By Josh Moon
Alabama Politica Reporter
It might not take the governor’s Advisory Council on Gaming until June after all.
During its most recent scheduled meeting on Thursday at the Alabama State House, council member and former lawmaker Bobby Timmons went on an extended rant about council’s recent decision to push its deadline for recommendations from Jan. 31 to June 30. Timmons’ rant also wound up raising a few eyebrows for an overtly racist line in which he referred to Native Americans as “red men.”
Following Timmons’ comments, council chairman Clinton Carter, who also serves as the state’s finance director, said it wasn’t “etched in stone” that the council would publish its recommendations to the legislature in June.
“It could be well before that time – in fact, I think it will be,” Carter said.
Following the meeting, Carter speculated that the council could have a list of recommendations ready for the legislature in a month to six weeks, depending on a number of factors.
The timing of the council’s report is important because of the start of the legislature’s 2017 session, which will begin in two weeks. Several gambling bills have been pre-filed for the session and the council was set to provide guidance before lawmakers gathered to consider those bills.
Gov. Robert Bentley, after five decades of gambling fights in the state, established the council in order to hopefully provide lawmakers with some collection of information and straightforward recommendations when considering gambling legislation.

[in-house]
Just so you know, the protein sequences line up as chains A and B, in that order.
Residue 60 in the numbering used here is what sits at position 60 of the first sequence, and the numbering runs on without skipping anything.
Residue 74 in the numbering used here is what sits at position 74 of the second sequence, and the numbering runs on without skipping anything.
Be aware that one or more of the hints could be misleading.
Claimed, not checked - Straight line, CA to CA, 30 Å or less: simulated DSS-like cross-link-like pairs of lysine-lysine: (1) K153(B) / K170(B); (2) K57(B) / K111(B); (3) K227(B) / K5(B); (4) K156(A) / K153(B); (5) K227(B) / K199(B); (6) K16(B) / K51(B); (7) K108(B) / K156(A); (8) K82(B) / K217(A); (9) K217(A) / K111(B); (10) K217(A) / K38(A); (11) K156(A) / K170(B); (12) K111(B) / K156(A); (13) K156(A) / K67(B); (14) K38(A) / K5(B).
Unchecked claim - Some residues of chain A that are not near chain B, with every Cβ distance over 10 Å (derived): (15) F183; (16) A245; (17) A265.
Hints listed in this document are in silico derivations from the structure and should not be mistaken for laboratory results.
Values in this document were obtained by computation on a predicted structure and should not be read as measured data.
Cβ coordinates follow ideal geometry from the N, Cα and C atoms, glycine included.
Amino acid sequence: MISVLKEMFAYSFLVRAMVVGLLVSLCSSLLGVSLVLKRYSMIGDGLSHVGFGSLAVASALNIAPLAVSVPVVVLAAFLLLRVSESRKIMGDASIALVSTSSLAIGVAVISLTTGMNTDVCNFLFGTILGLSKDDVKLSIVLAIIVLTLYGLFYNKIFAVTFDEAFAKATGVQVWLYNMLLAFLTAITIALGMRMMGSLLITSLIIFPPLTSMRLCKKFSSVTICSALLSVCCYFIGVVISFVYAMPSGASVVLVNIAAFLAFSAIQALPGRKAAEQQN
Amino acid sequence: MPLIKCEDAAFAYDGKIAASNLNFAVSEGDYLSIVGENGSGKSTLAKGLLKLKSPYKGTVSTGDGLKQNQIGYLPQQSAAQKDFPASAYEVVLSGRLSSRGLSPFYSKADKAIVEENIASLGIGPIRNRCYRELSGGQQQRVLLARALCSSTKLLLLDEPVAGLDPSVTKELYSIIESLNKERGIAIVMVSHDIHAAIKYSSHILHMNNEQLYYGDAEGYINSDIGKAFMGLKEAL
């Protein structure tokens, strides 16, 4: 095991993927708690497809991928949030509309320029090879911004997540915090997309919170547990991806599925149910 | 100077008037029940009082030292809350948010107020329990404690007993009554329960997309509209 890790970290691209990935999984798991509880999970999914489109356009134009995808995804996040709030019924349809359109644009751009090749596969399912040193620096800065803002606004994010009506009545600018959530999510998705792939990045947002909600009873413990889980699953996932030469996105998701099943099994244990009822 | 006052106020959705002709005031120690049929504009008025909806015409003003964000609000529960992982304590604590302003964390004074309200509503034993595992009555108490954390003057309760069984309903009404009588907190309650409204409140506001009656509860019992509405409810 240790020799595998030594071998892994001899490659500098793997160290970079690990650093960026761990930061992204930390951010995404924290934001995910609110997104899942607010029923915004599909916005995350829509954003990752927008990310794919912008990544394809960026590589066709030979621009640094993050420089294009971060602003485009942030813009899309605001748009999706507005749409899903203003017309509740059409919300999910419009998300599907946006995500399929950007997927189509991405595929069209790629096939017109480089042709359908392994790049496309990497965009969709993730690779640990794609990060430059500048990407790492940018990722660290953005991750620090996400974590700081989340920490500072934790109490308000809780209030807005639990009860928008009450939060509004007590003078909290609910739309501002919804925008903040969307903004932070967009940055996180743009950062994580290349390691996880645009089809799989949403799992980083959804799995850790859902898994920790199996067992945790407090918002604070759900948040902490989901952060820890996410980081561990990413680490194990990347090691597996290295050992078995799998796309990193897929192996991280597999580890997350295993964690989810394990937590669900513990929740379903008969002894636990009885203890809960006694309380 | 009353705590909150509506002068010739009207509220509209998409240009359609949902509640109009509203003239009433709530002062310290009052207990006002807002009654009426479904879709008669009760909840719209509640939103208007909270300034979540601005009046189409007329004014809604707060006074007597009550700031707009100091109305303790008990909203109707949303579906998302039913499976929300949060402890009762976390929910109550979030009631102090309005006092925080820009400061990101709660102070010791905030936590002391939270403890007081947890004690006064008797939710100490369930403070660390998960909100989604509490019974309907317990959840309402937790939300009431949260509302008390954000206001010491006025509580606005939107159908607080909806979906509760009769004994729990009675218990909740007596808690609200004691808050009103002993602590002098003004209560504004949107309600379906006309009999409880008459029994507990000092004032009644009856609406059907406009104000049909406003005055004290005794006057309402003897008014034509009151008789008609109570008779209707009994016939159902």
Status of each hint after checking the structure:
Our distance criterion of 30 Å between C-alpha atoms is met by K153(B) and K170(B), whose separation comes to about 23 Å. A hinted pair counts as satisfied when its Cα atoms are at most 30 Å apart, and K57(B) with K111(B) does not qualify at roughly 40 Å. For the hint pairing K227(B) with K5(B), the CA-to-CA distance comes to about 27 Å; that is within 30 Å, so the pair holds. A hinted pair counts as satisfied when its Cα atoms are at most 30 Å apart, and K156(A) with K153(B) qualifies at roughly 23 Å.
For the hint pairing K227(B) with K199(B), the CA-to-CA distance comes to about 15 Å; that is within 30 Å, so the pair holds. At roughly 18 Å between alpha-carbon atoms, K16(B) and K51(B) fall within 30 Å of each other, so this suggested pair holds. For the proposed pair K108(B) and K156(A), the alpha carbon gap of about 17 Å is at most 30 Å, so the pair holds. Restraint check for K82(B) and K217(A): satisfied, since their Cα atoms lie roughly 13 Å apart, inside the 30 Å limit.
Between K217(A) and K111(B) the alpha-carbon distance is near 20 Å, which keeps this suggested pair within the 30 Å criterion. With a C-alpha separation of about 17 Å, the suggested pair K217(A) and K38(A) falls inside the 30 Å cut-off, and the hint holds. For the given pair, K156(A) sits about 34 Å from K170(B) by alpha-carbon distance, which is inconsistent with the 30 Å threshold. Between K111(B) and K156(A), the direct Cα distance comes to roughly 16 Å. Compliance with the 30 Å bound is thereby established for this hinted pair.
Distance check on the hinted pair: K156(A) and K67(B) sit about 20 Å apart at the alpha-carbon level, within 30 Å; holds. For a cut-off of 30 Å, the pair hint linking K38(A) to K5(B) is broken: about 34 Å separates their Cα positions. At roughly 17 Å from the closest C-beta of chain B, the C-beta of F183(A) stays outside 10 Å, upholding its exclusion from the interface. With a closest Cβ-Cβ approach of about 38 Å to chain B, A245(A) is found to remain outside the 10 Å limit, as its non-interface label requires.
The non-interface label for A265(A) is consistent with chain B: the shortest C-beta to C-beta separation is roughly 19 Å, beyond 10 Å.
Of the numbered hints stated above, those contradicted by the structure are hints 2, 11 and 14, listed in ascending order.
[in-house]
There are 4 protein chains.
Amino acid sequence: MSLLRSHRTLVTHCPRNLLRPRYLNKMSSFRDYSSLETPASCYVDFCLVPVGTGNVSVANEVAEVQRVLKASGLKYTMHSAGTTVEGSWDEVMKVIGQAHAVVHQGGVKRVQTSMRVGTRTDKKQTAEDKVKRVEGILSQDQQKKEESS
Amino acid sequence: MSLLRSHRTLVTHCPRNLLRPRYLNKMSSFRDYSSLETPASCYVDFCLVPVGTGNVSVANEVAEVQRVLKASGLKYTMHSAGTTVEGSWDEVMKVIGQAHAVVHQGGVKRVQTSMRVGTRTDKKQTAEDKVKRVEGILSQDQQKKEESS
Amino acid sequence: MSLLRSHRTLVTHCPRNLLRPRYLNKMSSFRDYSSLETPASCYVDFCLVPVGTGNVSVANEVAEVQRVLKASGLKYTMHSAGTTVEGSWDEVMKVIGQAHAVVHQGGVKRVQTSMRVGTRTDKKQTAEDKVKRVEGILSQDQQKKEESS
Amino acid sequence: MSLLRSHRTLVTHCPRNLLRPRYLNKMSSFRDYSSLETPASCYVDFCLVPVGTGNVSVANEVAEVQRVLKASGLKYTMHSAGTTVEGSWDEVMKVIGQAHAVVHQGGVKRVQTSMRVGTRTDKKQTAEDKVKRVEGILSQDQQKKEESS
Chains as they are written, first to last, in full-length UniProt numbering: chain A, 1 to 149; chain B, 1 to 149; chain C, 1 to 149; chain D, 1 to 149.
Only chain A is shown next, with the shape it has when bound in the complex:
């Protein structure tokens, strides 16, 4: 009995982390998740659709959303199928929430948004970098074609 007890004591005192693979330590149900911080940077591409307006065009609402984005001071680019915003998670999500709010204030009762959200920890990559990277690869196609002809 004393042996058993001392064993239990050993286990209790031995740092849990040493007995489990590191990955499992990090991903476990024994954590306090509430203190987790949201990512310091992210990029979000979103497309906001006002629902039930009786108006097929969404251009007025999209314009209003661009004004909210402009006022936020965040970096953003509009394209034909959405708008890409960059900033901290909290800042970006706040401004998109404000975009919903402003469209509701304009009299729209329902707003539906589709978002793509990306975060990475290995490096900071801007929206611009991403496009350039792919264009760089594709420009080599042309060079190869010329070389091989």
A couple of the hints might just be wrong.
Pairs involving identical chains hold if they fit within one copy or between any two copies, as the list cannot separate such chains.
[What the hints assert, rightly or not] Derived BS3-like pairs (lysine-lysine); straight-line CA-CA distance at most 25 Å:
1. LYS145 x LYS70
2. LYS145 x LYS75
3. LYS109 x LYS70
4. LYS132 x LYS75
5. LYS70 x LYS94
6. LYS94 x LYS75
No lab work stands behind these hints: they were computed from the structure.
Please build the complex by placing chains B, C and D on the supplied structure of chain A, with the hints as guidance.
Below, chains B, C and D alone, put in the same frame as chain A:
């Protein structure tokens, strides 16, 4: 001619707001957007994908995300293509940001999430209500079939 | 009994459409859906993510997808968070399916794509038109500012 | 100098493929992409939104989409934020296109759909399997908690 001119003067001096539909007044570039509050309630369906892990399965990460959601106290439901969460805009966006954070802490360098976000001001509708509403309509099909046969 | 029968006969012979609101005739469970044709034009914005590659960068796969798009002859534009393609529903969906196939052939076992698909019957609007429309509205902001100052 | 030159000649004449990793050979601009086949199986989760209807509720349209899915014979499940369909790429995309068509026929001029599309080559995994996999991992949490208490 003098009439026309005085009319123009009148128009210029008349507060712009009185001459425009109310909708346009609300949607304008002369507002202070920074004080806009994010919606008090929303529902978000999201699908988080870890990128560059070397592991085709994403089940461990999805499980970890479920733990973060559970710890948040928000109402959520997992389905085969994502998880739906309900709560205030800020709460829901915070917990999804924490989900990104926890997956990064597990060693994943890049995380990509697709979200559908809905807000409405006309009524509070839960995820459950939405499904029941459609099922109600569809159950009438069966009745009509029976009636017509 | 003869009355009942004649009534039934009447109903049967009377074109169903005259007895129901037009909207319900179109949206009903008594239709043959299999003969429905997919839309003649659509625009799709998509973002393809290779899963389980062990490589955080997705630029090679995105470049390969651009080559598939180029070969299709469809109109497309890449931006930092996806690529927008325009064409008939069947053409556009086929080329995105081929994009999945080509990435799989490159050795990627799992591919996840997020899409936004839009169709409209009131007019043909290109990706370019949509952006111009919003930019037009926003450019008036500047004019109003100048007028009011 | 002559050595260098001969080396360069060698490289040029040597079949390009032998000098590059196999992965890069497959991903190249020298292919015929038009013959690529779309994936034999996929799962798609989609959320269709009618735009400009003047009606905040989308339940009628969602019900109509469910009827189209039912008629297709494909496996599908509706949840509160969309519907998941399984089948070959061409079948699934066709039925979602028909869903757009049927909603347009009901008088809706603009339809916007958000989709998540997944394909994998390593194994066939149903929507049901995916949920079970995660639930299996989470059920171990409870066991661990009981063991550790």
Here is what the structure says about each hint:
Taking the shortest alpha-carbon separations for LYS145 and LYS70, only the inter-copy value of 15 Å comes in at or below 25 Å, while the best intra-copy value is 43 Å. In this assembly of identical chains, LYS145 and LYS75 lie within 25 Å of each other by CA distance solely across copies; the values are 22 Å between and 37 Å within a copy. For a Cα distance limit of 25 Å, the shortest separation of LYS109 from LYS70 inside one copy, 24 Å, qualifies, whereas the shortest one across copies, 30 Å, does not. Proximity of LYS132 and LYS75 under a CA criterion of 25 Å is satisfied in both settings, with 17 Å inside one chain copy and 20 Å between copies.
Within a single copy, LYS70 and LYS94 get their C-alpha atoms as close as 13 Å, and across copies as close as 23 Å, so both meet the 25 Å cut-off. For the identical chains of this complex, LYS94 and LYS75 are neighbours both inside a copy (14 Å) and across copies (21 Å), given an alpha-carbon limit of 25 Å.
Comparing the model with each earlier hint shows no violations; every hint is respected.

“I know it’s disappointing, but we’ve taken in a lot of information,” Carter said. “It’s not as simple as just legalizing gambling or not. There are a number of factors to consider.”
While the timing of the council’s report was the most important issue broached in Thursday’s meeting, it wasn’t the most entertaining.
In addition to Timmons’ controversial comment, in which he said “the red man shouldn’t have any more rights than the white man,” there was also a long, error-filled presentation from a Birmingham attorney and a half-dozen public comments.
It was one of those public speakers who provided the line of the day to the council: “Saying you don’t want gambling in Alabama is like saying you don’t want fire ants. It’s too late. They’re already here. You best learn to live with them.”